As previously discussed in this paper, periodontal disease in DS individuals is not only associated with plaque accumulation but is also determined by the response of the immune system to the bacterial plaque. It is extremely important to involve the care-taker on the oral hygiene habits and preventive care to prevent the onset and progression of the disease [39, 40].

Previous studies have shown that preventive care is effective in reducing the severity and progression of periodontal disease in DS patients [39, 40]. In a longitudinal study with five DS patients, Sakellari, et al. [39] placed the patients in a frequent recall schedule, every six months, after scaling and root planing (SRP) and observed that frequent professional supragingival plaque control was effective in improving periodontal health. In this study supragingival plaque control altered the subgingival plaque composition, which suggests a role of supragingival plaque as reservoir for reinfection of treated sites. Yoshihara, et al. [40], in a cross-sectional study, compared DS subjects who frequently visited the dental clinic to those who had not been seen for over one year. Subjects who did not follow up showed increased probing depths and alveolar bone loss which suggests the beneficial effect of a periodic preventive care on the progression of periodontal disease in DS subjects.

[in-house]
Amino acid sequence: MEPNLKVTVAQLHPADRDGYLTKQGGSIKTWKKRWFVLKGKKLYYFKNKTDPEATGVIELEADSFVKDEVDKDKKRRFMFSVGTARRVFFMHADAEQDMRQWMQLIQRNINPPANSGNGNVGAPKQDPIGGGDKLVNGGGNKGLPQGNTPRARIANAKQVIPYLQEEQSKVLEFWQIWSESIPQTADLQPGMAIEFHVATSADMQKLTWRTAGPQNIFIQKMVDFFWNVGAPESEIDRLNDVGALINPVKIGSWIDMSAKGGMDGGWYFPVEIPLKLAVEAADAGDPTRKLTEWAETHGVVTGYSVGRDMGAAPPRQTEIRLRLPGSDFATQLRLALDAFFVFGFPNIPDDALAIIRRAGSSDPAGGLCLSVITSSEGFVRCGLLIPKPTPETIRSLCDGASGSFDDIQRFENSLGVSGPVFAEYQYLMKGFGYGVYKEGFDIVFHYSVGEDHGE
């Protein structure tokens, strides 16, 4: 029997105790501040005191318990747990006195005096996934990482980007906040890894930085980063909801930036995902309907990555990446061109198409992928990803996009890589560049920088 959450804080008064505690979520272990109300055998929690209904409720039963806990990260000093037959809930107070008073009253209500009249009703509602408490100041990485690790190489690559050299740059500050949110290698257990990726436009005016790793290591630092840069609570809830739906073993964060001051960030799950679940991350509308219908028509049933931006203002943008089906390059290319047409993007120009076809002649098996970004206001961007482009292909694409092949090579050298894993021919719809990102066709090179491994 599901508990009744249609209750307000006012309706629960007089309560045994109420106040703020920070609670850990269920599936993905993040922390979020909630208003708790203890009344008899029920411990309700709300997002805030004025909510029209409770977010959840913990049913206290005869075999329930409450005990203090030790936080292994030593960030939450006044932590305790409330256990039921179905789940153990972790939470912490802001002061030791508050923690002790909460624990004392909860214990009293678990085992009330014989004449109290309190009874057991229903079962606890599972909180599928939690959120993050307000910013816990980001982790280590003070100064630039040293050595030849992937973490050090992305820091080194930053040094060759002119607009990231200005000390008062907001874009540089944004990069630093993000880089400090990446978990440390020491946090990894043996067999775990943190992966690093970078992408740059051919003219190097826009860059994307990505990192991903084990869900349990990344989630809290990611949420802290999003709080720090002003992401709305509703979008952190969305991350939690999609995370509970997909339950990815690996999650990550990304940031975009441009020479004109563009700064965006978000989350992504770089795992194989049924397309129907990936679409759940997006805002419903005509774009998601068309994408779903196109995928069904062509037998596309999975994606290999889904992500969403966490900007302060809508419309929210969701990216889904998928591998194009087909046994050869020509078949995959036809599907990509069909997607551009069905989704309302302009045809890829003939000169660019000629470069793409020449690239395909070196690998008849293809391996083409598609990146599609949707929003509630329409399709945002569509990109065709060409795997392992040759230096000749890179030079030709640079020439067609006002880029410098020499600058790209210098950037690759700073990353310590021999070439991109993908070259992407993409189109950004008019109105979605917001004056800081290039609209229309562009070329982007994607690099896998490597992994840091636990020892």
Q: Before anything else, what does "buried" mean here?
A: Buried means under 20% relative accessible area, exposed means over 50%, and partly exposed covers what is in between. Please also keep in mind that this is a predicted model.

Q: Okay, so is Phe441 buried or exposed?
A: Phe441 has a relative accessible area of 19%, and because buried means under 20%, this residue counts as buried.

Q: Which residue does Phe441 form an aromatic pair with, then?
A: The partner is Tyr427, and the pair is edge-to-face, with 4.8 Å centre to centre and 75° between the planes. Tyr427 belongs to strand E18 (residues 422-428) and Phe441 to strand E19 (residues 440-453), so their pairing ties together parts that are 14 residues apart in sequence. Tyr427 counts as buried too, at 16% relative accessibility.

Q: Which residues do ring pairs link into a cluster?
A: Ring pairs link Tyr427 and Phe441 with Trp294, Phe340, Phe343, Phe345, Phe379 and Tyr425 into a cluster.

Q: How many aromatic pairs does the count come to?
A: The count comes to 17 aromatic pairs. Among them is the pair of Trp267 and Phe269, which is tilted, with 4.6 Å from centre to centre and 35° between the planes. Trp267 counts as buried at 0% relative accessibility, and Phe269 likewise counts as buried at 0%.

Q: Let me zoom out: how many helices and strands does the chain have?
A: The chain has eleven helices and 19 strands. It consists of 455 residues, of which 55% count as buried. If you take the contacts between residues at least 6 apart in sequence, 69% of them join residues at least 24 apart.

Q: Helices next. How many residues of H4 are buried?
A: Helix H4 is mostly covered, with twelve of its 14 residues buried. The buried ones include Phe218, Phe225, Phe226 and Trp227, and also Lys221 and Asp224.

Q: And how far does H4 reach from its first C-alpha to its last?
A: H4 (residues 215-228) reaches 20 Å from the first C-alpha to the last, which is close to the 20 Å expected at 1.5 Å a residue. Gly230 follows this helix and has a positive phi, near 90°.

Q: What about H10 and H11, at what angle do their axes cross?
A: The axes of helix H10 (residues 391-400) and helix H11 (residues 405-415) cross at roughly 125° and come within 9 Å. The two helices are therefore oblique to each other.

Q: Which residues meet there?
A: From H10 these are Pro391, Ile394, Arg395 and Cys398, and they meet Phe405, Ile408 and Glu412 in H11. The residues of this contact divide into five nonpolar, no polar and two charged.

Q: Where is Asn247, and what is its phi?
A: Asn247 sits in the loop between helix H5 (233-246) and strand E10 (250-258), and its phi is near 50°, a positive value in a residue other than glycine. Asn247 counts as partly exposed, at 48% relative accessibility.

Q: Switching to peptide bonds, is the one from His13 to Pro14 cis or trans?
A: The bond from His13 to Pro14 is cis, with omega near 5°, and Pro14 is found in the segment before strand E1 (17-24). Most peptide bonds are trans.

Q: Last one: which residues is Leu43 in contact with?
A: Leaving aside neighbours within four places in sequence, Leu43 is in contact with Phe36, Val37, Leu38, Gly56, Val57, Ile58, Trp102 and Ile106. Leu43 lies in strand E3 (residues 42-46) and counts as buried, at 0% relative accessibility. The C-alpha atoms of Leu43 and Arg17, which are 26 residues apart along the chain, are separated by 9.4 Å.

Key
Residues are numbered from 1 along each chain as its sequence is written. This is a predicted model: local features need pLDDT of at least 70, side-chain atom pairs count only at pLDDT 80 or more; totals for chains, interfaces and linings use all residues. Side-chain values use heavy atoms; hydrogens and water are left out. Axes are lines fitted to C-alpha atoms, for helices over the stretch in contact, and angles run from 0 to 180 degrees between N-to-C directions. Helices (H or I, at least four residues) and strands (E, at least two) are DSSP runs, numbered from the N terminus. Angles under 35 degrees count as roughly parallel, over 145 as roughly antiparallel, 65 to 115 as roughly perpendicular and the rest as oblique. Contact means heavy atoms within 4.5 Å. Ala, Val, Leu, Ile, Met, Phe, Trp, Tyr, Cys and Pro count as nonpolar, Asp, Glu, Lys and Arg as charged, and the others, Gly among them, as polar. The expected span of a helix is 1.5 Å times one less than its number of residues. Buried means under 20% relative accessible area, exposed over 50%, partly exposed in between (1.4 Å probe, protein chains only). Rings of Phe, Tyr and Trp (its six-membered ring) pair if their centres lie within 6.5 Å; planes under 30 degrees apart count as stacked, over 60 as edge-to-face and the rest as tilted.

Scaling and root planing associated with plaque control measures are still the gold standard treatment for periodontal disease [41]. Limited studies are available evaluating periodontal treatment outcomes in subjects with Down syndrome. In a splitmouth design, Zaldivar-Chiapa, et al. [11] evaluated the effectiveness of non-surgical and surgical periodontal therapies in 14 DS patients. During the one year observation period, patients were placed in a maintenance recall that included polishing and oral hygiene instructions. After one year, significant improvement in all clinical parameters was observed in both therapies compared to baseline. Surgical therapy showed better results for sites with probing depths greater than 3mm, but results were not statistically significant. These results suggest that, independent of periodontal treatment modality; professional maintenance and obligatory oral hygiene are required to control periodontal disease in DS patients.